Wednesday, September 18, 2013

50 Days of Prayer - Day 25

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Day Twenty-Five

The Agony in the Garden



Today we begin to pray the Passion.

There is much to be said about the beginning of it all, the Agony in the Garden - the anxiety, the weakness of the disciples, the consolation by the angels.

I am going to focus on one of the most painful elements of all - the simple Betrayal.

This is from a post I wrote a year ago ...

***

Anatomy of Betrayal

First, none of us has been betrayed the way Jesus was betrayed by Judas.  The slights we endure from friends, family, enemies and others can never quite measure up to that betrayal unto torture and death.

But Jesus suffers greater pains than we suffer so that He can redeem our suffering and our pain.

And what strikes me about Jesus and Judas is the kiss that betrays, and Our Lord's response to that kiss, "Friend, wherefore art thou come?"

Was Jesus being ironic here?  Judas is anything but a friend.  Why would Jesus call him that?  Was he being sarcastic, a smart-alec?  "Friend, wherefore art thou come with a gang of hoodlums behind you who will arrest and assault the man you point out to them with a false kiss?"

Well, to understand the pain of this moment, we must realize that this is not only an example of political opportunism and money-grubbing on the part of Judas, it is indeed something worse - the betrayal of one friend by another friend. Judas was a close friend, an intimate of Jesus.  Of course, we can look back on the hints we're given about Judas all along - his greediness, his disdain for others - and we can say, "Well, Judas was false from the beginning.  He was never a true disciple, a true friend."

But if we begin judging the commitment of the apostles to Our Lord, we can't get very far.  Peter rebukes Him and denies Him.  Thomas doubts Him and Nathaniel sneers when he first hears tell of Him.  And yet they all followed Him, they were all - to some extent - His "friends".  In the moment of testing, they all failed in various ways - but they were all at least Our Lord's "intimates".

And in this day and age when we denegrate friendship, when we can't imagine "intimacy" without sex, when Shakespeare can't speak of the love of male friends without our assuming he means sodomy and mutual abuse, we forget what love of friends can be, we forget what intimacy really is.

It can be a very high form of love.  Intimacy can exist without sex because it's intimacy that informs the marital act and gives it meaning.  Intimacy can exist between friends and not just lovers, for intimacy precedes and informs sexual activity, not vice-versa.  For intimacy is a form of love.

This is why intimate friends share everything.  They don't hold back.  They eat together, laugh together, see things the same way, open their hearts to one another.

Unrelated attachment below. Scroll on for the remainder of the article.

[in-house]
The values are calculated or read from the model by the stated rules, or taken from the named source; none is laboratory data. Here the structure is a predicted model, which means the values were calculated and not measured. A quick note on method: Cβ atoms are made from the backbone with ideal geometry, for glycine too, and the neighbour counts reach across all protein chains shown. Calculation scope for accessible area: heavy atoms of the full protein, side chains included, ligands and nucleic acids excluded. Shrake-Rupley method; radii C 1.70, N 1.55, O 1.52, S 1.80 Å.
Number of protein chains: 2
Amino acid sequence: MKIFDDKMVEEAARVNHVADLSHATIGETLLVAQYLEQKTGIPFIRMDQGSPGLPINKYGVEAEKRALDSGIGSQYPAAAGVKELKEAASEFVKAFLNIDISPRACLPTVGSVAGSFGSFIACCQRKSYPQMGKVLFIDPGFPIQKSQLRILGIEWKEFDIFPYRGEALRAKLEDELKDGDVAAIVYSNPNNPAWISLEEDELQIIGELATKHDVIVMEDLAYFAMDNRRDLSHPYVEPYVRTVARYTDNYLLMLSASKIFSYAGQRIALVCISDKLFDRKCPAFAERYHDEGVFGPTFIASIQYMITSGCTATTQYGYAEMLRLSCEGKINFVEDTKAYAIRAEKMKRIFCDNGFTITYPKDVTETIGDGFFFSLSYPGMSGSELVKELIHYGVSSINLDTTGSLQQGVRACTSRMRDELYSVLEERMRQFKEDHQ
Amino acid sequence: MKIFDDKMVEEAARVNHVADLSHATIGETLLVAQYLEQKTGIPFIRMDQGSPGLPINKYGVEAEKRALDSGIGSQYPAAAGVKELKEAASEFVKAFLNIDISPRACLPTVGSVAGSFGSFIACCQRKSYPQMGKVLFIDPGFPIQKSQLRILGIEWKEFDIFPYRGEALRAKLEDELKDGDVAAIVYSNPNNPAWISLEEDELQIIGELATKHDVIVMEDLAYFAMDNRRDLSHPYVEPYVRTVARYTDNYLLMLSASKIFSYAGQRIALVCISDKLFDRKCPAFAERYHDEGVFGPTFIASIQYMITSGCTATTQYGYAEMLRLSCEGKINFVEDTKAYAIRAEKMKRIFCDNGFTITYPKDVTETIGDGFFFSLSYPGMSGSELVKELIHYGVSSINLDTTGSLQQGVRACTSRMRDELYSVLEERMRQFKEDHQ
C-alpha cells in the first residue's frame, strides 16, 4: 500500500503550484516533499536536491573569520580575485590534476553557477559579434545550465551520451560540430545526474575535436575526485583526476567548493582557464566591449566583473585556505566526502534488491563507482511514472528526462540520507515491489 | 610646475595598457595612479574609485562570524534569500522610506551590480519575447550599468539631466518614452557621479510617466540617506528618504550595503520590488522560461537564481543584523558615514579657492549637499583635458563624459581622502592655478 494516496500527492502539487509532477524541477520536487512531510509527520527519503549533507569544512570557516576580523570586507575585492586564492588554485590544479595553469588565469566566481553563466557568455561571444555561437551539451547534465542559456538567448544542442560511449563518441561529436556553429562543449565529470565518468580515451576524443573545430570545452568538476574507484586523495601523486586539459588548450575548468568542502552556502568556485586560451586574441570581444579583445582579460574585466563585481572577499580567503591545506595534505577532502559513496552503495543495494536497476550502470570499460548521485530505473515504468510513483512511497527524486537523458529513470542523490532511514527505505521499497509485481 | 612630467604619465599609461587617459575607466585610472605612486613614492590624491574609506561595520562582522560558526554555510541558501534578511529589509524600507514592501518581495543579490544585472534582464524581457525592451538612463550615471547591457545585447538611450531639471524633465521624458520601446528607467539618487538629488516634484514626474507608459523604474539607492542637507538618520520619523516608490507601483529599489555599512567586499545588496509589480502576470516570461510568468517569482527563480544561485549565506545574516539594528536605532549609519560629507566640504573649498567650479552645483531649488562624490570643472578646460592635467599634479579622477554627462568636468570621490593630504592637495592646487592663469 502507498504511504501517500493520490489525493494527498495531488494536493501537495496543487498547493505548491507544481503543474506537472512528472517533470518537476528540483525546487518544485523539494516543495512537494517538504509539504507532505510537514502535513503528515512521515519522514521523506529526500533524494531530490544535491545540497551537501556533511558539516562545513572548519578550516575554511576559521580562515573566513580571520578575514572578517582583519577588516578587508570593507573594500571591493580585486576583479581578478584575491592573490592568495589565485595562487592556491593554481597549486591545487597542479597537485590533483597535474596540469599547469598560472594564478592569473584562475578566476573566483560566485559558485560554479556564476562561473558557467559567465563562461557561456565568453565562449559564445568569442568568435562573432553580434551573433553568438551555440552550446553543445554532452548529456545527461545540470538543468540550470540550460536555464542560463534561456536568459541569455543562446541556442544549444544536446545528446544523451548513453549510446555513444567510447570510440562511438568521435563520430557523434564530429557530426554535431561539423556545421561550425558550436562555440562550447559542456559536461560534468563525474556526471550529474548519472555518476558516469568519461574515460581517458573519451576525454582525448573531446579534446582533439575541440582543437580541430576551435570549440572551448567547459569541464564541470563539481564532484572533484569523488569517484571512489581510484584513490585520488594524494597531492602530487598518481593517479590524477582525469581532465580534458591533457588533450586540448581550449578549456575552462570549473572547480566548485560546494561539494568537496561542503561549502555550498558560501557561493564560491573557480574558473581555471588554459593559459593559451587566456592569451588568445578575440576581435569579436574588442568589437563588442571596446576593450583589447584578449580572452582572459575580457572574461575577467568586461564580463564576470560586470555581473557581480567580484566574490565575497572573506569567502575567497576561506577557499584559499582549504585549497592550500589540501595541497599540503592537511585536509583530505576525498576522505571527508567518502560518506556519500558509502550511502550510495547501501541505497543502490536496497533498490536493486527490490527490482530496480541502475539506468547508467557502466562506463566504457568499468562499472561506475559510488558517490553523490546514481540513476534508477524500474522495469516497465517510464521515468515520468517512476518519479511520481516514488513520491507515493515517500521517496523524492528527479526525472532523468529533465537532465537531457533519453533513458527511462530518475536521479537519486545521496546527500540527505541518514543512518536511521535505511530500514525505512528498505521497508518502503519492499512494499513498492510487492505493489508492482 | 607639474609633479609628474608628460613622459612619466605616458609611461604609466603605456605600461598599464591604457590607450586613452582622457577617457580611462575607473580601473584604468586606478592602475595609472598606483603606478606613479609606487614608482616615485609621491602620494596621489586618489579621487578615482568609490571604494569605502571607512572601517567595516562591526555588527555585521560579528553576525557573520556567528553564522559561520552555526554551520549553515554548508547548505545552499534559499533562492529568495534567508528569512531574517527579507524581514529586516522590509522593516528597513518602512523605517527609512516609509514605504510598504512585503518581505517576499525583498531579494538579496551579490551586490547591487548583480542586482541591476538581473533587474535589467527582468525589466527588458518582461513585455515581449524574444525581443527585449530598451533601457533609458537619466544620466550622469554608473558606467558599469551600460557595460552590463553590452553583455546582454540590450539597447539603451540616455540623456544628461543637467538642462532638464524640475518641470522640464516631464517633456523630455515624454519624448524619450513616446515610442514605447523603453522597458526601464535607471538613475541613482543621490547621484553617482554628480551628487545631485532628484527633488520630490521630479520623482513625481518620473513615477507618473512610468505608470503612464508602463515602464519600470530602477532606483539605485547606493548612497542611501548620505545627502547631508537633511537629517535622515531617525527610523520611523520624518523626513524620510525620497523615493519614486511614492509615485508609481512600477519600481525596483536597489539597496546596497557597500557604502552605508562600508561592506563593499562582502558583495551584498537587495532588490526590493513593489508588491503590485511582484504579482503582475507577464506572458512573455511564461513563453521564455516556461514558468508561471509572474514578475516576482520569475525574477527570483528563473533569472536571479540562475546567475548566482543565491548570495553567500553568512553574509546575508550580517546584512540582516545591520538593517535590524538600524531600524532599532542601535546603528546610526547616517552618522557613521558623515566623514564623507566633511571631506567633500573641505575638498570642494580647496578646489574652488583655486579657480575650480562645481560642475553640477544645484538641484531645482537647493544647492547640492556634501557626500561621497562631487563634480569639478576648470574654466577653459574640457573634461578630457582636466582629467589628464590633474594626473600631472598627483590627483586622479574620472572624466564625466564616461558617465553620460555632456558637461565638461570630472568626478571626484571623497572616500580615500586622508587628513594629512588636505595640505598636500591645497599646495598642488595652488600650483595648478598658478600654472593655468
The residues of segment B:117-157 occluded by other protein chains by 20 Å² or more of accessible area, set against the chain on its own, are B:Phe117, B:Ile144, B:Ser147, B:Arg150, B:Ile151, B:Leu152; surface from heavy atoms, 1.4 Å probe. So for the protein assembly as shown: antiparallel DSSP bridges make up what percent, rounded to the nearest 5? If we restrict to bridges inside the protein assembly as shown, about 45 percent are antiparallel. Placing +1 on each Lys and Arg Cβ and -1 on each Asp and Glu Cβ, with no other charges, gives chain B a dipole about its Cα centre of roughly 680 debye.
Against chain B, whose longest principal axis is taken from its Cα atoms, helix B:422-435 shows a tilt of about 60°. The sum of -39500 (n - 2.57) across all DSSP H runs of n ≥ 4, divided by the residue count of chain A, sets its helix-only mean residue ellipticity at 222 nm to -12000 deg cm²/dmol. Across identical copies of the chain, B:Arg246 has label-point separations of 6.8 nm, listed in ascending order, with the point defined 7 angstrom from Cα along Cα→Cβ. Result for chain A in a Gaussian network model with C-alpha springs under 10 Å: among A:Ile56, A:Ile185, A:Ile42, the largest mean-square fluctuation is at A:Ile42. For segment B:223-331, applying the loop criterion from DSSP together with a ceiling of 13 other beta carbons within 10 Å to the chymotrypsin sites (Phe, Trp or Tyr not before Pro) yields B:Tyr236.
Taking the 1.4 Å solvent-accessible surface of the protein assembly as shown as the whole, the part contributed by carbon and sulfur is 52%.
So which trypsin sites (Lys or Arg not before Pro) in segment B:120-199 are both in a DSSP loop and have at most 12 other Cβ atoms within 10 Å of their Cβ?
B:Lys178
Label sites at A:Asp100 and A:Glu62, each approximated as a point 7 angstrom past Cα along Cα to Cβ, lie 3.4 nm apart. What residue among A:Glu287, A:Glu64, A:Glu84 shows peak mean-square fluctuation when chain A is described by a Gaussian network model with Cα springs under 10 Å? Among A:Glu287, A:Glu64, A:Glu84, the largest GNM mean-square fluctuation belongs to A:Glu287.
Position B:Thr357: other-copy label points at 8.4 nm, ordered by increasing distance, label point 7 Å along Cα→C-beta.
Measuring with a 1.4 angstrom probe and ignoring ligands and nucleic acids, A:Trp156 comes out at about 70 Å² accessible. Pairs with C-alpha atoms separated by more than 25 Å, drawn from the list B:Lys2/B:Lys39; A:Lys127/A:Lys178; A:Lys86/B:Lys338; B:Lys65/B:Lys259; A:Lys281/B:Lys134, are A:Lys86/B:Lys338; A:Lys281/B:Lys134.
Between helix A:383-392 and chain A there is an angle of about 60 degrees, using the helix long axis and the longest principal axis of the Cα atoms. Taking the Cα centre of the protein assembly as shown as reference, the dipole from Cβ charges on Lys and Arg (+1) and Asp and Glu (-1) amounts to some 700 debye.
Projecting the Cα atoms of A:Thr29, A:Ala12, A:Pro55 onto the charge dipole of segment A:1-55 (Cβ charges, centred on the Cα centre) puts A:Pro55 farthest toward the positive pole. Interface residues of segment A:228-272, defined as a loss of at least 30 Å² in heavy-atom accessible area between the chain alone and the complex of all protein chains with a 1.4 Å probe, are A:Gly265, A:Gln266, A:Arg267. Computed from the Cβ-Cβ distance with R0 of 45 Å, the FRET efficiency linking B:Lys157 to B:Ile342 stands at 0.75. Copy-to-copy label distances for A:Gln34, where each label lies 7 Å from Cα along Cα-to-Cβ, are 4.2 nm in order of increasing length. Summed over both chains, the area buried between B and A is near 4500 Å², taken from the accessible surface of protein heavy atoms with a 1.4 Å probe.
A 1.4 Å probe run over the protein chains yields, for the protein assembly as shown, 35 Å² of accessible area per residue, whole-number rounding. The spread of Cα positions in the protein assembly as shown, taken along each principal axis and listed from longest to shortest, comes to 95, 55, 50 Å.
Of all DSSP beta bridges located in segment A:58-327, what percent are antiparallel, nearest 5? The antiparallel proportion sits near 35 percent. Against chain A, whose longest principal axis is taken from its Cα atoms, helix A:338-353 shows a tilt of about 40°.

But life has a way of testing friendships and of putting even our best of intentions under a fire of proof, a crucible of purification.

And when we find that our love fails in the hour of testing, in the Trial, we are crushed - either because we fail our friends, or our friends fail us.

Friends betray friends; man betrays God.

It's an old old story; and it hurts God even more than it hurts us.

***

A commenter at that original post wrote ...

After surviving many betrayals so far in my life, I've realized there are generally signs that a betrayal will occur whether that is due to smaller betrayals that are more easily forgiven or a general sense of unrest. 
Because betrayal is becoming more prominent, you could either look at relationships and become extremely guarded or open yourself to a deeper love than ever before because it could end at any moment.

... and I can only reply that those who are habitually betrayed become very adept at betraying others, thinking, it seems, that such behavior is the norm (though it's not).  And also I would say that you should do all you can not to put your love and trust into people who might betray you, but into people worthy of your love and trust.  For there are those who do not betray - there are those who stay loyal.  And loyalty and love is much more astonishing that disloyalty and betrayal.  And much more real - and much more a part of our true natures.  But more on that tomorrow.

Either way, opening yourself to such love, even opening yourself to loving a friend you can trust, you open yourself (as Chesterton said) to "the inevitable result of love, which is incarnation, and the inevitable result of incarnation, which is crucifixion."  The mystery of this most intriguing statement is something to mediate upon in the following days.

Let us pray a decade of the Rosary focusing on the Agony in the Garden.

And let us pray ...


To you, Immaculate Heart of Mary, we consecrate ourselves – our hearts, minds, wills and lives and all those works we undertake so they may be for the glory of God, for the sake of the Gospel and the salvation of souls. Holy Mother, our Queen and our Joy, give to our hearts the dimensions of yours and form us in the image of your beloved Son.

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